So, for 自分 we recognize a common word じぶん, and 分 is simply read ぶん (the on-reading is ふん, which becomes voiced by what is called 連濁 {れんだく}). For 分かる, we again recognize the common verb, where 分 is read わ. Because it's a verb, the kun-reading (native Japanese reading) is more likely. We recognize it as a verb because of the okurigana.

In a japanese verb/adj, what does the Chinese character mean in a Japanese speaker's eyes ? For Chinese speaker it means and relates to something.

To my understanding, as a rule it has a similar meaning. The root meaning of 分 has to do with splitting something up. Nouns containing it typically have a meaning of some kind of portion of a whole. (For example, it's used to mark a minute of time, because it's a small division of an hour - just like the English word minute, which shares a root with the adjective, minute (different pronunciation!), meaning small.) The verb meaning, typically glossed with words like "understand" or "become clear", is related: a complex thing becomes understandable when it is broken down into pieces.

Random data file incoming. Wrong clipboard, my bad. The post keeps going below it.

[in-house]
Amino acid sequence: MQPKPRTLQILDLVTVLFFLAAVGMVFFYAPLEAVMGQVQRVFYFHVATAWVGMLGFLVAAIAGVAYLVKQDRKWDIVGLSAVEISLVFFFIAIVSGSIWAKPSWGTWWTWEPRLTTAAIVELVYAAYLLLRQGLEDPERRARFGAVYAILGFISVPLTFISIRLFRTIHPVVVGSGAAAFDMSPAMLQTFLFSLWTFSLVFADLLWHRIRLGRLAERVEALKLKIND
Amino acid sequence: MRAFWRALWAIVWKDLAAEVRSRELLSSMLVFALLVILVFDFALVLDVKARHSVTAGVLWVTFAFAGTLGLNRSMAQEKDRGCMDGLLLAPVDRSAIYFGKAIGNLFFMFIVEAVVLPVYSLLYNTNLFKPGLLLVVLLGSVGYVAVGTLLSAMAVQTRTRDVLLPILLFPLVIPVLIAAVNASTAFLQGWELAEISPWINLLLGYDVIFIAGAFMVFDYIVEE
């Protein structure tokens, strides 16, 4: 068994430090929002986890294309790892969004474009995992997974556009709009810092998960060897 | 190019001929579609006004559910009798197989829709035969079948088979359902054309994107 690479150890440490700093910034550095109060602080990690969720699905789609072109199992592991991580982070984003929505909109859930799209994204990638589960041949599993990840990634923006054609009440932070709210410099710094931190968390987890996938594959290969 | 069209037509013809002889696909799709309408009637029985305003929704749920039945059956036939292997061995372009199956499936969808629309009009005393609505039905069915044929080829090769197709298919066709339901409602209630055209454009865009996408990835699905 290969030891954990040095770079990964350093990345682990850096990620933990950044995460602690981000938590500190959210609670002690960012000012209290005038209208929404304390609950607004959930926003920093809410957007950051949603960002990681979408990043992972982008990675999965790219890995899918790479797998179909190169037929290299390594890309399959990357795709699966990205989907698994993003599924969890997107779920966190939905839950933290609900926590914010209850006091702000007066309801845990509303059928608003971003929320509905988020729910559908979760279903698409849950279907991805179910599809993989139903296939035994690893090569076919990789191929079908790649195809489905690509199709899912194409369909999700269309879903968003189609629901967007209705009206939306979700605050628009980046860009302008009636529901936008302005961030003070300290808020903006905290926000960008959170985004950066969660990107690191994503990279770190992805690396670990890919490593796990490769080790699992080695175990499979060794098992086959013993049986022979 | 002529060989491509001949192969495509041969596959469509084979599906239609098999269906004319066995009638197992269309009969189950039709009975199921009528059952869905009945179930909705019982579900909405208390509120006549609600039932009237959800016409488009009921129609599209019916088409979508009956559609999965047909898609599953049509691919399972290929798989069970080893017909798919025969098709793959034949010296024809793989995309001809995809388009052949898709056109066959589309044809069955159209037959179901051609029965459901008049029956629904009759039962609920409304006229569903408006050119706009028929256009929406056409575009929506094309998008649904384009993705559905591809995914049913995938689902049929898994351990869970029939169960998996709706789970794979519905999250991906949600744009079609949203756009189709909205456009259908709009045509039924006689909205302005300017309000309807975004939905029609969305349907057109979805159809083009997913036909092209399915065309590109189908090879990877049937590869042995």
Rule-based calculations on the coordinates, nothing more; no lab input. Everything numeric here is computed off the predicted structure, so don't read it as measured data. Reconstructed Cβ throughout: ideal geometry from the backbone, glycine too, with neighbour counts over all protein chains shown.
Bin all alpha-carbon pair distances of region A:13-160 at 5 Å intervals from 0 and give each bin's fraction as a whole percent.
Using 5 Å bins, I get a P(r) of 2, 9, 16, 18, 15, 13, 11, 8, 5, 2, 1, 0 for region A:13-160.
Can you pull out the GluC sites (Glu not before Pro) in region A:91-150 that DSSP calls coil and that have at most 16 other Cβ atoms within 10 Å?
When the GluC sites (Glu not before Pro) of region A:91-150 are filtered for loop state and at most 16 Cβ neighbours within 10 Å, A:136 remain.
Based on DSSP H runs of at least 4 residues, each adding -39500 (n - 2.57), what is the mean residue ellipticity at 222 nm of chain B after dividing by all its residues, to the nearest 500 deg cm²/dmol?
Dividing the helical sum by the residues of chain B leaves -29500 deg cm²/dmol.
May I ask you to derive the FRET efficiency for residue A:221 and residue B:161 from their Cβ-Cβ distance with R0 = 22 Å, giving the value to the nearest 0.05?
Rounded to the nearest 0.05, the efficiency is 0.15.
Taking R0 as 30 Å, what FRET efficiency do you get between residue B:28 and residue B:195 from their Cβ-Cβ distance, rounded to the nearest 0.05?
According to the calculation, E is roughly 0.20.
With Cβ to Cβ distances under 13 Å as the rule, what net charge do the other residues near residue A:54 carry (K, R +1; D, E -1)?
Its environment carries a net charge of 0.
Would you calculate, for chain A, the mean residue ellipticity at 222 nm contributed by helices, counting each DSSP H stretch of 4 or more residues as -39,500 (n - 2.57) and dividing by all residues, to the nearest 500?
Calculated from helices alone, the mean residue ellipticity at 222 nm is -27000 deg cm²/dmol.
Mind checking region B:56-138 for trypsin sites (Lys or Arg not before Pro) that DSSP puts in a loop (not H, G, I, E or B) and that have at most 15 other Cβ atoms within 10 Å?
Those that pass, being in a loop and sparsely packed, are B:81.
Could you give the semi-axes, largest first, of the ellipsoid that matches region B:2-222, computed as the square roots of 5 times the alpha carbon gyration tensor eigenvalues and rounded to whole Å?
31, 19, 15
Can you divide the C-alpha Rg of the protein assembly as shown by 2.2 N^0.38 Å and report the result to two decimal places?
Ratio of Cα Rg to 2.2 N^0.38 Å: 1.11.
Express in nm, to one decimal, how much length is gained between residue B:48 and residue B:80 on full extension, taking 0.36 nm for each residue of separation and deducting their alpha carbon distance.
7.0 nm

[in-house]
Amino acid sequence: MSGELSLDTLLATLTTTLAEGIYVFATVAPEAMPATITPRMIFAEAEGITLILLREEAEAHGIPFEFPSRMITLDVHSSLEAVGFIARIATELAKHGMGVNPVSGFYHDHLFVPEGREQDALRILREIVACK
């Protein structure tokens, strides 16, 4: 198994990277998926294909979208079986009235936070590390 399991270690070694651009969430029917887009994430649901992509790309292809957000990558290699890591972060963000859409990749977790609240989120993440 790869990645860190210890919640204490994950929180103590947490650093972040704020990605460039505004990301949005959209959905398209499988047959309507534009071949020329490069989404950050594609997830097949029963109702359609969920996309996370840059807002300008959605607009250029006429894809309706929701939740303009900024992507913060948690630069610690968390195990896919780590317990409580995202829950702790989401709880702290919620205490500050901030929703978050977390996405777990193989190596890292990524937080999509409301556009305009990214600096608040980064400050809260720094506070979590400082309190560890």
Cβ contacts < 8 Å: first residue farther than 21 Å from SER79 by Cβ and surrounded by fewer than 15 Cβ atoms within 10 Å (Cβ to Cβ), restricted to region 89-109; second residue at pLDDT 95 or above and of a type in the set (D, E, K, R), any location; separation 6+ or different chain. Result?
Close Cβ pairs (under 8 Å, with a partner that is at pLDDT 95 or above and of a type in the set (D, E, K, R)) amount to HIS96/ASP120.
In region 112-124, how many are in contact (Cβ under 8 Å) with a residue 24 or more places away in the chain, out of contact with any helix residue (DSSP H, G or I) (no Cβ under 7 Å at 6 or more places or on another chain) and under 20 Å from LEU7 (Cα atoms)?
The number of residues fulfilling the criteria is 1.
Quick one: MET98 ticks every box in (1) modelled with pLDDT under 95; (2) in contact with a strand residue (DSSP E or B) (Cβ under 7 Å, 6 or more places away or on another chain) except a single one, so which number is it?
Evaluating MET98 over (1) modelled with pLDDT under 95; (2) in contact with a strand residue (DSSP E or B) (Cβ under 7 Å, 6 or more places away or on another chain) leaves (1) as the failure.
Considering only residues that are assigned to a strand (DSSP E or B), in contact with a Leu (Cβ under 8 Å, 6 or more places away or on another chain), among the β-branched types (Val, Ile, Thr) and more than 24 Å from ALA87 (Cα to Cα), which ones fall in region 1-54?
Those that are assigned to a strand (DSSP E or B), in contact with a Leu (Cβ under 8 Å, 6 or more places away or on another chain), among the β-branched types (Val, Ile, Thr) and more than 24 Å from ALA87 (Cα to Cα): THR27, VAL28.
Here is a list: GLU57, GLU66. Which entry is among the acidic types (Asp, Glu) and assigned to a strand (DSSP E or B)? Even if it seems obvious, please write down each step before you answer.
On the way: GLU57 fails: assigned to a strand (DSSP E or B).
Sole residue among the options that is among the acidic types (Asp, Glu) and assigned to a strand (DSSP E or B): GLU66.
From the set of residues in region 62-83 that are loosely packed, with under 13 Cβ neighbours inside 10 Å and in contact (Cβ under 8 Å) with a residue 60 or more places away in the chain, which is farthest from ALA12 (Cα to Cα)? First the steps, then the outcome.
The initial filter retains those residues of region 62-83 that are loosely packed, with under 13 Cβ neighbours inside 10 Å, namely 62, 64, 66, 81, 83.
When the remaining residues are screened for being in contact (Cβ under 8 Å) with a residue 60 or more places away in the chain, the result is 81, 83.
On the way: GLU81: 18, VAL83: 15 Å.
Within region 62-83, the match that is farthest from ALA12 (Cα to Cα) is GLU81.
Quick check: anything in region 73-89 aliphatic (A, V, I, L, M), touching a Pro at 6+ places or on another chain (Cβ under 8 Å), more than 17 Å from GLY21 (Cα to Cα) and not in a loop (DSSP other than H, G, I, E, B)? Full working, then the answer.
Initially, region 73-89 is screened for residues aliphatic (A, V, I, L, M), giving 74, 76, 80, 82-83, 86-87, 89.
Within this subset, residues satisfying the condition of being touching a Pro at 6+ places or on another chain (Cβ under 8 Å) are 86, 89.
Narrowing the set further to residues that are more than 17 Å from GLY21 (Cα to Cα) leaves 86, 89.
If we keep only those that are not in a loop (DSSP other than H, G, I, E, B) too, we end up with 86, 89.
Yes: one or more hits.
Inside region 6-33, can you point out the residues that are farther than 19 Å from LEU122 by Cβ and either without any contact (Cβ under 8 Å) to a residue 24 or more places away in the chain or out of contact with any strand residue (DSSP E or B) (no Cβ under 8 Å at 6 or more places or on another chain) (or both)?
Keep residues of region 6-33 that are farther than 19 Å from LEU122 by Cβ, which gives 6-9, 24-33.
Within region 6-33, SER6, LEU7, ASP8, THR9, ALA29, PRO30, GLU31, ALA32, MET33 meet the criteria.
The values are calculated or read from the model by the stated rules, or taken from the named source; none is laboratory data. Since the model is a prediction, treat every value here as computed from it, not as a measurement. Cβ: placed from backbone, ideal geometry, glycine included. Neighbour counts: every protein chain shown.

This meaning-awareness can inform reading. For example, 食欲{しょくよく} "appetite" uses the very commonly seen 食 of 食{た}べる and the 欲 of 欲{ほ}しい ("usually kana" per Jisho, but you'll at least see it all the time if you input text with an IME). So to pronounce it, we need to think of words that have the related meanings (eating/food and desire), and then we come up with one that can plausibly match known readings of the characters (しょく is very common for 食, used in a lot of compound words). If you've already heard the word spoken and know what it means, you can recall it when you see the kanji and the concepts are called to mind.